Scott Gould's concrete roadbed

scott_gould
Scott Gould
Scott Gould
Cape Elizabeth, Maine, Zone 5
Concrete strong


Sixteen years ago or so I built a layout that loops atop a mound of rock in the center of our backyard. I was agile then, but still had difficulty reaching tracks above a pond. Now, with my 75th birthday rapidly approaching, only my grandkids can reach that track. Last summer I decided to build a point-to-point line at the base of the mound along the grass that runs beside the pond. But floating a track on ballast -- the way most of us build our garden railway -- wouldn’t work, because I couldn’t hose grass clippings off the rails without washing off the gravel. I decided instead to pour a concrete roadbed.

Using six-foot lengths of flexible landscape edging (sold as “paver restraint” at Lowes), I formed the sides. I made a channel between the pavers, 5" wide, in which to pour the concrete. The form thus made is not more than 3-4" deep, well above the frost line here in Maine. Surprisingly, the base has shown no damage from frost heave.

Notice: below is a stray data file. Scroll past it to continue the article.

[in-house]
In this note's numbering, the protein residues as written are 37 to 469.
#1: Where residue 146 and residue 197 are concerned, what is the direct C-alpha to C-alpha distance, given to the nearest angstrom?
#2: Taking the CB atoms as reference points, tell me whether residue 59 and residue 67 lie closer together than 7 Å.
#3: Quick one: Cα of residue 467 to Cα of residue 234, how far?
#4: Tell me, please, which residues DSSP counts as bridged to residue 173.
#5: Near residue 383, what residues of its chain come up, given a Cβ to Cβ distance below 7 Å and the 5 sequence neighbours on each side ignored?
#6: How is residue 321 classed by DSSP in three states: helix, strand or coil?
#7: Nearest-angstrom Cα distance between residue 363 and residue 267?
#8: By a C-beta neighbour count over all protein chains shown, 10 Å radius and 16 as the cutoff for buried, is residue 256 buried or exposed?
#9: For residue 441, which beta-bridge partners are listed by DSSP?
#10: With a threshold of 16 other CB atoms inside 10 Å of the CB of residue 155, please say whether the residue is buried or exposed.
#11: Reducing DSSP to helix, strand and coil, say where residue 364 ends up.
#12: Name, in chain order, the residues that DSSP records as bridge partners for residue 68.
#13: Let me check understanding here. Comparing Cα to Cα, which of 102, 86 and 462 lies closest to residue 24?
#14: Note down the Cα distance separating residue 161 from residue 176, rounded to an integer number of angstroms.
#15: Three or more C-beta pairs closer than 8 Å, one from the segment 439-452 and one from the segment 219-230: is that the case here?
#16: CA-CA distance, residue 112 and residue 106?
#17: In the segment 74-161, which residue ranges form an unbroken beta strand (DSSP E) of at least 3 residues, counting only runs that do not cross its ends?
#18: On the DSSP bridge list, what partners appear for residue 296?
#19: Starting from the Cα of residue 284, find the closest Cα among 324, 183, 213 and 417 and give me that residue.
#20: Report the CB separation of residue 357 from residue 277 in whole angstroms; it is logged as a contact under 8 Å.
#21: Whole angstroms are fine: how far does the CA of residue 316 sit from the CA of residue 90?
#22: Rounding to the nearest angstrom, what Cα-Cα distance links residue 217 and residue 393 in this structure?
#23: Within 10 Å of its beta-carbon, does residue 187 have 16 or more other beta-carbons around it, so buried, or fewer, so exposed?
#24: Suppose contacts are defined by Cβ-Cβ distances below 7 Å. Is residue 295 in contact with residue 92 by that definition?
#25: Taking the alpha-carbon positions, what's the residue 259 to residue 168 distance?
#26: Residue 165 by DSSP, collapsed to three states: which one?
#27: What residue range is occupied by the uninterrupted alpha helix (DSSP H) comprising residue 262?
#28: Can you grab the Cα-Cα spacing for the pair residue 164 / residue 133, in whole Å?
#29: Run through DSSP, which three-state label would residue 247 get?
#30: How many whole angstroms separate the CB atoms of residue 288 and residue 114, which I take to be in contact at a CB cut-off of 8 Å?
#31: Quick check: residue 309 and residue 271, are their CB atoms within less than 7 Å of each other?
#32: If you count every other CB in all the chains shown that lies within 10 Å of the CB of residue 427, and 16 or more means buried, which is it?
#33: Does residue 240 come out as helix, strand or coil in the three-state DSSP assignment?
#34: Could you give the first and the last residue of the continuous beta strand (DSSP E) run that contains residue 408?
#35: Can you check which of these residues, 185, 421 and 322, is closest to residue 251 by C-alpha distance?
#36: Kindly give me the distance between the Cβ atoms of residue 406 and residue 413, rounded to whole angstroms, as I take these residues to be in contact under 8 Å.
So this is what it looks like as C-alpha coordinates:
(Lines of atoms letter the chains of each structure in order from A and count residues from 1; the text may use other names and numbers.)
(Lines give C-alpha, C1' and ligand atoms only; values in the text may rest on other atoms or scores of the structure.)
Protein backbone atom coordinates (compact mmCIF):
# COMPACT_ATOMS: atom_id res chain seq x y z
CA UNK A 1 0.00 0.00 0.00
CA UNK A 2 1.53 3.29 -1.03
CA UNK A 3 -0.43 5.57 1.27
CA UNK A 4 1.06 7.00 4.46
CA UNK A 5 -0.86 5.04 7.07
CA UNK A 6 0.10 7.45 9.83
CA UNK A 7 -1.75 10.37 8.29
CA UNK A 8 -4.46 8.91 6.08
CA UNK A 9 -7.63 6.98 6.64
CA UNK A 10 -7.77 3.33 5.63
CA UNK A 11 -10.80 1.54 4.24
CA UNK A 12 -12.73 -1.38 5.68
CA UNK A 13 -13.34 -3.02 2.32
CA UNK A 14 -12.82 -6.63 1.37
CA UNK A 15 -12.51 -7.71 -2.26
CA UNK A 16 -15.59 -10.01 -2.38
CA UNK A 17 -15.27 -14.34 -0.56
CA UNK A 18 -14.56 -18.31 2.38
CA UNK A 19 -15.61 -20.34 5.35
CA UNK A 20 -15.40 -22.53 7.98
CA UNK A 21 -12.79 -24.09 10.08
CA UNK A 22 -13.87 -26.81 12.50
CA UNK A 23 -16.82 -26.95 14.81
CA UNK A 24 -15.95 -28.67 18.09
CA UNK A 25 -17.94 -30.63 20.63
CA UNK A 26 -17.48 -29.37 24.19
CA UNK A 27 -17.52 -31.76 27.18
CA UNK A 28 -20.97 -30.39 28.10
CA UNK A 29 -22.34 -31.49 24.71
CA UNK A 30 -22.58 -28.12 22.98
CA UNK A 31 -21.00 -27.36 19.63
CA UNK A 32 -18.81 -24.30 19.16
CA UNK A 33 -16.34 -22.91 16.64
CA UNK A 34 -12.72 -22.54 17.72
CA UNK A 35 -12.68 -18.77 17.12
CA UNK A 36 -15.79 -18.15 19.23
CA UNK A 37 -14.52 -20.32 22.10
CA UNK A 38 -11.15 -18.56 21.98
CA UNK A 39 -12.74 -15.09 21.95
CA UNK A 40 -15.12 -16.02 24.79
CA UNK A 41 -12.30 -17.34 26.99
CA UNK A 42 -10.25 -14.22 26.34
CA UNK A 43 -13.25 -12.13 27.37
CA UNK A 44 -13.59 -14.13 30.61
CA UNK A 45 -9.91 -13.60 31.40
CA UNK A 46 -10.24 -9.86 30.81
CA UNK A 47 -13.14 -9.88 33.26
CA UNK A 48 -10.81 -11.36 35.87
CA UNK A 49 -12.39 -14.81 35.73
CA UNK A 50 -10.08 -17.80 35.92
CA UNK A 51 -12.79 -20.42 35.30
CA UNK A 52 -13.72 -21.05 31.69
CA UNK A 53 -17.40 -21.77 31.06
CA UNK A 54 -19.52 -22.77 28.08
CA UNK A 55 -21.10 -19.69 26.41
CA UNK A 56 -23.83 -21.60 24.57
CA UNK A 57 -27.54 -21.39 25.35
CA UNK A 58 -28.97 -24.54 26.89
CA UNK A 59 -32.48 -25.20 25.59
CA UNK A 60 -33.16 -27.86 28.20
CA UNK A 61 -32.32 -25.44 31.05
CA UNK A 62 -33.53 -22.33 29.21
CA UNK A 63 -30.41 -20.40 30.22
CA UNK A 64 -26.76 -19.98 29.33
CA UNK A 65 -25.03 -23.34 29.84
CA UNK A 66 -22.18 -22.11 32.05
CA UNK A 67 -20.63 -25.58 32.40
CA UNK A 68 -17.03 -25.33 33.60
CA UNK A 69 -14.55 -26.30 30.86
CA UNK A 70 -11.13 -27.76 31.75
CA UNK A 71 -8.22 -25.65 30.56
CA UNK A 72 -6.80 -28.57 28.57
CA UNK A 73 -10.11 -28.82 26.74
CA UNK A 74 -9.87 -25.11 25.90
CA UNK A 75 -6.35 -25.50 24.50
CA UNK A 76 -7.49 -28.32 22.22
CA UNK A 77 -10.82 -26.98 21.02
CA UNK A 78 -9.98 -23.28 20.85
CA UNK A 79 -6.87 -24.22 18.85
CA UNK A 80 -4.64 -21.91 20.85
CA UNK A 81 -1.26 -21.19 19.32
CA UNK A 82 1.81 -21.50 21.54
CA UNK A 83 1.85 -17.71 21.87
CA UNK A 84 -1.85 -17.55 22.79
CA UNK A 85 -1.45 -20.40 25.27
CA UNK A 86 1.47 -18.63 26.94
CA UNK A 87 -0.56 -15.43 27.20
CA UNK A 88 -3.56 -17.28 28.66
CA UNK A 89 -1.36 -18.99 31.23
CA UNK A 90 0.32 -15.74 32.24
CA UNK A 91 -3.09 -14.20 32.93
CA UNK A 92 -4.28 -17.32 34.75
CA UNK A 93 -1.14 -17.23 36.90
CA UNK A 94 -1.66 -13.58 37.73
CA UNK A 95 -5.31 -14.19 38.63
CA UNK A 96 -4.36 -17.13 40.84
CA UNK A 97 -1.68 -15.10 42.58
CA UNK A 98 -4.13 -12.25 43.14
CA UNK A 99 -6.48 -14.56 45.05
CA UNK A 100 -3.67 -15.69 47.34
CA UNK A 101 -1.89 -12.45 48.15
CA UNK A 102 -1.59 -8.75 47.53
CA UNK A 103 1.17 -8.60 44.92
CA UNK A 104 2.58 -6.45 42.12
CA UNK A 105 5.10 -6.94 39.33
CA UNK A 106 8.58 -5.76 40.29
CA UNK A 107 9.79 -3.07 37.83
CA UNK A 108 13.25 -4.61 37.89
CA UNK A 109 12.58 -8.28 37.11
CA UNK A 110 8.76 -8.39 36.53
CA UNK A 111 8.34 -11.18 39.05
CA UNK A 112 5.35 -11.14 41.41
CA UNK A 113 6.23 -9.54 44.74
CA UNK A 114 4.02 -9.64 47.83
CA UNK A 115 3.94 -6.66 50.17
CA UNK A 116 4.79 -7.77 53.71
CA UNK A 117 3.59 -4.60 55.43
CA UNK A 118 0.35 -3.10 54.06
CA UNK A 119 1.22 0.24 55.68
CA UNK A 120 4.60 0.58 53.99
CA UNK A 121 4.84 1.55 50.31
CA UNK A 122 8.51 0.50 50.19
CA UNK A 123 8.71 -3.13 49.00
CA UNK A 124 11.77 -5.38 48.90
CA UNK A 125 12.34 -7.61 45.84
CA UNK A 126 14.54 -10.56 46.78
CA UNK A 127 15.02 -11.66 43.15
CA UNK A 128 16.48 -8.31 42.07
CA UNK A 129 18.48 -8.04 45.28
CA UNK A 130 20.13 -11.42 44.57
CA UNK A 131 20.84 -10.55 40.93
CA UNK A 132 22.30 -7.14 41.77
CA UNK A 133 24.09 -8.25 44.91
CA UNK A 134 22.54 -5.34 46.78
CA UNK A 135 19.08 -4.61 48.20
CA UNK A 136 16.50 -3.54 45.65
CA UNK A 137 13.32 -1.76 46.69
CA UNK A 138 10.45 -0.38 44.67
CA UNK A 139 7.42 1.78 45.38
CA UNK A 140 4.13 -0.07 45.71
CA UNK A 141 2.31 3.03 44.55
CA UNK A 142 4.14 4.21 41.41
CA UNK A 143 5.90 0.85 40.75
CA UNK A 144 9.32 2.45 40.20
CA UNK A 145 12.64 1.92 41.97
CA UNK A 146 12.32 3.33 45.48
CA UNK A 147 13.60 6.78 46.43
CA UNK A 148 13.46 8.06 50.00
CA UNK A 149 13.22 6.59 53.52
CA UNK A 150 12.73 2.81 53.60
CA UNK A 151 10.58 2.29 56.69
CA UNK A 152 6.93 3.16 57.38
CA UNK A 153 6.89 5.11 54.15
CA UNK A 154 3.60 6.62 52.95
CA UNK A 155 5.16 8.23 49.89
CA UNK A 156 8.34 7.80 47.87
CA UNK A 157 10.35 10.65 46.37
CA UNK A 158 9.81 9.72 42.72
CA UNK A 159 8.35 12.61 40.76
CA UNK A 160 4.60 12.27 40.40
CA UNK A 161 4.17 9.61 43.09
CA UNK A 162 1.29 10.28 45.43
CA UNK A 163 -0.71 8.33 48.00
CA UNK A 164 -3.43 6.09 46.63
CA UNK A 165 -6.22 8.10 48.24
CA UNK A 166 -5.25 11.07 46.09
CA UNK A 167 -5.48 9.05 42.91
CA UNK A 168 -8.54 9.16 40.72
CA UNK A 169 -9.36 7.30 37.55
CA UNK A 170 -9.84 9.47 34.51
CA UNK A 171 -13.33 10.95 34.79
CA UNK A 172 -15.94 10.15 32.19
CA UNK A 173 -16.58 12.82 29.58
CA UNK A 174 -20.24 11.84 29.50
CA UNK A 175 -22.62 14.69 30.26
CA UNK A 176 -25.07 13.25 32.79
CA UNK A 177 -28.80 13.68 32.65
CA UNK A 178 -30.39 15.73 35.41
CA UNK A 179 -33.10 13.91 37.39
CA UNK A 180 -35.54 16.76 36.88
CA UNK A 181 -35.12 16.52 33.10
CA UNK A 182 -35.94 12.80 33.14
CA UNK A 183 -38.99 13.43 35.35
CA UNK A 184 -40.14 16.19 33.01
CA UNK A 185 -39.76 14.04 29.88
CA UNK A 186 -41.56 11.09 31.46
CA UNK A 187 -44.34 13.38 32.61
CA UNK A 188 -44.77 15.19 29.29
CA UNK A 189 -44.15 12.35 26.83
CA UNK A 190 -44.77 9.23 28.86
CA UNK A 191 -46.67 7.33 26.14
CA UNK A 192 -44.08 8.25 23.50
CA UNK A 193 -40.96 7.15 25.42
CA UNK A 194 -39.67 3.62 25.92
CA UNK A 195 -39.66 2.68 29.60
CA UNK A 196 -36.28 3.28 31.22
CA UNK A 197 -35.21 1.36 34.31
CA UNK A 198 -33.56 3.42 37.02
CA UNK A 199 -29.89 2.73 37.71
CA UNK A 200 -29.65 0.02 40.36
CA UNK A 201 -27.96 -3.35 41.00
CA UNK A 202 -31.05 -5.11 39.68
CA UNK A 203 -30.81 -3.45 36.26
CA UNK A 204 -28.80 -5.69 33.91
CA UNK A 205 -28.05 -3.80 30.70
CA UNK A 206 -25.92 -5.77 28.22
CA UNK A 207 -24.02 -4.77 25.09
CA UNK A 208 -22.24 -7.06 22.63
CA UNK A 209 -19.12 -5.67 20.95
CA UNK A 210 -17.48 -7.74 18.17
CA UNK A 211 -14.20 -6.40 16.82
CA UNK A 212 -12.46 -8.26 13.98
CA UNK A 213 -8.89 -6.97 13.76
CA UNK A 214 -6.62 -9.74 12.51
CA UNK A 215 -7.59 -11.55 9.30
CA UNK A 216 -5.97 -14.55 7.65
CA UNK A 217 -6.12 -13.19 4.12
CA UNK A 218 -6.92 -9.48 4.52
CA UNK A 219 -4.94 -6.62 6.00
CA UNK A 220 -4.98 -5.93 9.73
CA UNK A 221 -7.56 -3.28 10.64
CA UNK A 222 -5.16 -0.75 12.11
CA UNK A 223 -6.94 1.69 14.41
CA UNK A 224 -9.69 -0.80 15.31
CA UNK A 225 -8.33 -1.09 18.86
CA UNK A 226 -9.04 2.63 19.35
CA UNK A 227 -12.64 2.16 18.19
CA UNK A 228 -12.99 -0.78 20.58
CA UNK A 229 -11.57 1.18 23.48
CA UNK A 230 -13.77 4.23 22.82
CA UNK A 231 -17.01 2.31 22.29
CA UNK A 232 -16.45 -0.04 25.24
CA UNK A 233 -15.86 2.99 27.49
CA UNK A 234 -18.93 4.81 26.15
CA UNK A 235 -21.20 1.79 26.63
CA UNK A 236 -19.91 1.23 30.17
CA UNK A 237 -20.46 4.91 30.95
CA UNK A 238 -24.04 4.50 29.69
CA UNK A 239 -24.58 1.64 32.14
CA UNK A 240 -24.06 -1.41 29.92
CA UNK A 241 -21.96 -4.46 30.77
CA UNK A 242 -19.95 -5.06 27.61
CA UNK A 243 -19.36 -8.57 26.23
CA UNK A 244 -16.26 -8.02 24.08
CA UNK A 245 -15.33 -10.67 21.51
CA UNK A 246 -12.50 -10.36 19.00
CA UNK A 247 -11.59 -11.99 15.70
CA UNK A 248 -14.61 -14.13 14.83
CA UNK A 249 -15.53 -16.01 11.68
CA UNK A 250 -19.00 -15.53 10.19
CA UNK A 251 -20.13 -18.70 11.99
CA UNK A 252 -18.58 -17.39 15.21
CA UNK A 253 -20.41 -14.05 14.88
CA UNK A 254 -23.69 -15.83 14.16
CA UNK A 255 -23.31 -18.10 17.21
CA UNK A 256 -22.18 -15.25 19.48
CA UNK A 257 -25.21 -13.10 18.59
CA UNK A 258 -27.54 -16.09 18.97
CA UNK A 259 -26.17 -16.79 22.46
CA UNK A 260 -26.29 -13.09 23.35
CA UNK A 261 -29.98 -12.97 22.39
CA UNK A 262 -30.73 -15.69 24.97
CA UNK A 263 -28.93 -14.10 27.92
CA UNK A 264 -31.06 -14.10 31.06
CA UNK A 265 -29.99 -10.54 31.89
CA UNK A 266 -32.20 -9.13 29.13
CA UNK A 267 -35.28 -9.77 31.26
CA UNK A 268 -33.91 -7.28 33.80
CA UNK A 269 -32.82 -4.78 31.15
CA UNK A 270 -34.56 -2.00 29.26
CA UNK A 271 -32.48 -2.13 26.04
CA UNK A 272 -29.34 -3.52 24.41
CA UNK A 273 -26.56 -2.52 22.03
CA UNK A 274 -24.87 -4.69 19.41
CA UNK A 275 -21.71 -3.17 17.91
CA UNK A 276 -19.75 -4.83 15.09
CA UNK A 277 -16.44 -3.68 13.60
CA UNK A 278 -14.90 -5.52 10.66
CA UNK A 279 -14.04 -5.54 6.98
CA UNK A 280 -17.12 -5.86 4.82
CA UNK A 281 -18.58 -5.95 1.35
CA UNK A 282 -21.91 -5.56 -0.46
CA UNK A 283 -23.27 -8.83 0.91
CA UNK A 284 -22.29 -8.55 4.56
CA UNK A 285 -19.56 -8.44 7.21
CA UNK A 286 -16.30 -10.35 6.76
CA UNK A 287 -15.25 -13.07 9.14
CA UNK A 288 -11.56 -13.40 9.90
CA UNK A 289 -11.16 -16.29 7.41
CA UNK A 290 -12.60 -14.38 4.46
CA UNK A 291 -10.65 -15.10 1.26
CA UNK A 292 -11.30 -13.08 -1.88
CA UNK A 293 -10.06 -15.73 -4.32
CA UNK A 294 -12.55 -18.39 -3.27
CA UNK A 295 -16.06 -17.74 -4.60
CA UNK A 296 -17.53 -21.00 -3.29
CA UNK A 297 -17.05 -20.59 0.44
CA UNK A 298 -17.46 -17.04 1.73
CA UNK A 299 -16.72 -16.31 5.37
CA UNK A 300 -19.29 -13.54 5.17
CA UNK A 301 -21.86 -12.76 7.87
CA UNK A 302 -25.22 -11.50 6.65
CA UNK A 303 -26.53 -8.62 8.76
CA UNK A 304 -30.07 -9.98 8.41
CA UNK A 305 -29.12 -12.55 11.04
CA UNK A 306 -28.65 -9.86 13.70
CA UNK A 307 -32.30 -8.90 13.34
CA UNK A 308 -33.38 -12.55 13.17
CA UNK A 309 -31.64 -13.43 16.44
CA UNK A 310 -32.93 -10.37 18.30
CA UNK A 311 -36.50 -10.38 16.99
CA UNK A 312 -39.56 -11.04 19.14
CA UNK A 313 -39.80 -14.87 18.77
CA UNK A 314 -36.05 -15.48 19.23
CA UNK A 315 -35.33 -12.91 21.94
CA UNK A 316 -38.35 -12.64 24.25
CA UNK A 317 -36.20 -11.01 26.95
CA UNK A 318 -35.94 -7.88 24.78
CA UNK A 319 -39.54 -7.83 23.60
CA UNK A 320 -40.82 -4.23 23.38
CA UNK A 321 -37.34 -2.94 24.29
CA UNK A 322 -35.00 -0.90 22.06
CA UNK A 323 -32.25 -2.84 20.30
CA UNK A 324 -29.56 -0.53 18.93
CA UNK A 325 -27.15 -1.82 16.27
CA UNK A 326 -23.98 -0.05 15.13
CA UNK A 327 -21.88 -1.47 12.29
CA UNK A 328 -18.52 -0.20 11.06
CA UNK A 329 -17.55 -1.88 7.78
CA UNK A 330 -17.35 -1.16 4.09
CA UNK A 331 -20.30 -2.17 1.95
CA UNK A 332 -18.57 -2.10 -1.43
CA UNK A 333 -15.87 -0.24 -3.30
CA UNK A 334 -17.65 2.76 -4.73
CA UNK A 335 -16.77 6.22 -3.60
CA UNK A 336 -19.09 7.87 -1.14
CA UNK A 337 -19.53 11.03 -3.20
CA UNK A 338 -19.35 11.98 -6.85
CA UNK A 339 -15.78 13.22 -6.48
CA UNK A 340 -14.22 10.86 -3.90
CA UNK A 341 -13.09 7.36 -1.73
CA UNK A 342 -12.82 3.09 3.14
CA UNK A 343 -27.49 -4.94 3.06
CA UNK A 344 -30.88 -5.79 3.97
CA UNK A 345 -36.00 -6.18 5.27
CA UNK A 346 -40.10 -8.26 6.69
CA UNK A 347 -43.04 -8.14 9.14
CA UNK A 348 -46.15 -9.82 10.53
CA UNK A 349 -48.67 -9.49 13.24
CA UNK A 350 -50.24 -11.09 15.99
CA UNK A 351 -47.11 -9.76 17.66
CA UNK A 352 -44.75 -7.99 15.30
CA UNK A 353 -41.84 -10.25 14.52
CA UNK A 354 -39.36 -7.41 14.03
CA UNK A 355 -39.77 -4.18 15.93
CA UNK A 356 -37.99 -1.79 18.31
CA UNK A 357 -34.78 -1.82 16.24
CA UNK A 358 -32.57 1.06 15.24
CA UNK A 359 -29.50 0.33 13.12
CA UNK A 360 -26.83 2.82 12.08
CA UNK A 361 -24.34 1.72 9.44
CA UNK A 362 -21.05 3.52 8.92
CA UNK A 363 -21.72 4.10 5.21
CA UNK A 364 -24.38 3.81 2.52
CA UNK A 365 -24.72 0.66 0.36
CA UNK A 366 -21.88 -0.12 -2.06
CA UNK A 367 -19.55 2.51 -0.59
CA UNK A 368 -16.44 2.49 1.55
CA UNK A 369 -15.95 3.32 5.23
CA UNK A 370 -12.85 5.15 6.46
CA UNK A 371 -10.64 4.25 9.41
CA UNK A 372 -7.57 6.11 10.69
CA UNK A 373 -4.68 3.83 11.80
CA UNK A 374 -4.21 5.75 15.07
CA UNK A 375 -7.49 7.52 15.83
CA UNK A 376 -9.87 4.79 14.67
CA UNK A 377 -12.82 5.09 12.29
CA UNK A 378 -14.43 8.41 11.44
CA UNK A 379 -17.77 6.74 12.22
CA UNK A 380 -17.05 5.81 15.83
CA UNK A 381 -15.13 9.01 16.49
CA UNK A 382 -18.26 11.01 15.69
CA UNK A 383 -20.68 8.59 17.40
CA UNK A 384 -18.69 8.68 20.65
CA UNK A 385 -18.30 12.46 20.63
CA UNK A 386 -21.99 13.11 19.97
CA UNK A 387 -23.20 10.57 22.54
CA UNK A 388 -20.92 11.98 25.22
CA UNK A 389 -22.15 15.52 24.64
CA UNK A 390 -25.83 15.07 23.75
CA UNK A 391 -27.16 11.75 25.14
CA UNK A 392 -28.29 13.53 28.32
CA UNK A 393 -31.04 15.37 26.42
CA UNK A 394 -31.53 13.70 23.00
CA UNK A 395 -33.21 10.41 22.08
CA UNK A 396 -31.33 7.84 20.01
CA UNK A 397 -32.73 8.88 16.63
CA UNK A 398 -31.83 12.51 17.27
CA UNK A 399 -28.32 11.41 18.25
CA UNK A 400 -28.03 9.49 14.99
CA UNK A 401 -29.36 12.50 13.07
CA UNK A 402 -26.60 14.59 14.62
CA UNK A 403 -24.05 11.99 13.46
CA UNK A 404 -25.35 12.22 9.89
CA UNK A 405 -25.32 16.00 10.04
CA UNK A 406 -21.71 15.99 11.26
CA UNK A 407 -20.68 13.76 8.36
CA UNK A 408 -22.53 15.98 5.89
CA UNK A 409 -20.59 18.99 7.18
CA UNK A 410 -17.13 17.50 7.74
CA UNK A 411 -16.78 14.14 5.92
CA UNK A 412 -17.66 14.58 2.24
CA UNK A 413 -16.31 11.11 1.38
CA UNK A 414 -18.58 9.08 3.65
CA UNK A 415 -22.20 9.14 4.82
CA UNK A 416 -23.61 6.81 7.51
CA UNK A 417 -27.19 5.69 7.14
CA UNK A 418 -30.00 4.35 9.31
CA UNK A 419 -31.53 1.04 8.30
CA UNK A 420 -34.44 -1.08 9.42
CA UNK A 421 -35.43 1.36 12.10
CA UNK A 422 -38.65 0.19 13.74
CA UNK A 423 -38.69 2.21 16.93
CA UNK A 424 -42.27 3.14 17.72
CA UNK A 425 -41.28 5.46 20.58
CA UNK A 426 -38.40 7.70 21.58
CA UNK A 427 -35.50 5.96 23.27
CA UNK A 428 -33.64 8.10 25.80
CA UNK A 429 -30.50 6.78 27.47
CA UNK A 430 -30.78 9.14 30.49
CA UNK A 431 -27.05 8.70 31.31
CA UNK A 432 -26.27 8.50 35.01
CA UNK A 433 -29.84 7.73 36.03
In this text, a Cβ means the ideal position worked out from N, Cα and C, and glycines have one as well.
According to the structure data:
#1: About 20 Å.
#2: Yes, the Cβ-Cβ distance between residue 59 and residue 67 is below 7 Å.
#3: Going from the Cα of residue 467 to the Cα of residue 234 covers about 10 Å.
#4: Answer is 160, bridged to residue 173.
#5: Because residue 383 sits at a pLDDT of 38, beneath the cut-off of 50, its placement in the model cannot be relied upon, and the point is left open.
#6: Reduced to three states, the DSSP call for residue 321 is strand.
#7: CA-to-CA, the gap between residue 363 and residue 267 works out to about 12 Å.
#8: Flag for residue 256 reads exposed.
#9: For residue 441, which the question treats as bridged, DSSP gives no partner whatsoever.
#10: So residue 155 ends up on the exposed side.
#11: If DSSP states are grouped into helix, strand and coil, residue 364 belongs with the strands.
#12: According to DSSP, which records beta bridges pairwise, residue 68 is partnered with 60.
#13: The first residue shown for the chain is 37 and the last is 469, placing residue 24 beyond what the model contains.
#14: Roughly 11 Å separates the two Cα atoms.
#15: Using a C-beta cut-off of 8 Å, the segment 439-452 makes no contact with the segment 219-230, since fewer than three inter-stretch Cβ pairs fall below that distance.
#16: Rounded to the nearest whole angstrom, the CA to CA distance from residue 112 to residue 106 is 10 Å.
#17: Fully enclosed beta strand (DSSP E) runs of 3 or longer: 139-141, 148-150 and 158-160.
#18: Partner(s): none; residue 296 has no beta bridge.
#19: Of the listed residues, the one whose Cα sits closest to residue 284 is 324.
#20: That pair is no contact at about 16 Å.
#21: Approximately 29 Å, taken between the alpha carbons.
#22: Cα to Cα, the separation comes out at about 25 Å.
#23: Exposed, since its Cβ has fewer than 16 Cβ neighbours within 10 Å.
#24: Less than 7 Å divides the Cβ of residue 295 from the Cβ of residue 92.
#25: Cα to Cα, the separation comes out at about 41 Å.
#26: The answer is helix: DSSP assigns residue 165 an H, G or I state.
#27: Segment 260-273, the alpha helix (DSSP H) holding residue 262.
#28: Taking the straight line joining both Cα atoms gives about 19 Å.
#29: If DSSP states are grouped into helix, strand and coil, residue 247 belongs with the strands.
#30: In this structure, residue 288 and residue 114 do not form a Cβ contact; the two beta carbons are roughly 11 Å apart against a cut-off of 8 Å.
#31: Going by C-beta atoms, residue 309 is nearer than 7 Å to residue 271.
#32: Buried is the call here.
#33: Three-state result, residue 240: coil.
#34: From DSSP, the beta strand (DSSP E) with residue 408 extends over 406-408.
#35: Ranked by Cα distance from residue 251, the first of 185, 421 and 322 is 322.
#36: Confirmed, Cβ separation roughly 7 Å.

On top of the concrete I glued sifted pebbles from a nearby beach, using GE Silicone II glue. One tube will cover five to seven feet of track. I pressed the pebbles into the glue with a foam paint roller. To keep the track aligned, I glued it to the ballast. The silicone flexes just enough to keep the track from buckling in the summer heat. Once glued in place, the ballast and the track stay put when grandkids play or when I wash the track. So successful has this technique been that next summer (if my knees hold out) I plan to use it to replace the original loop around the rocky mound.

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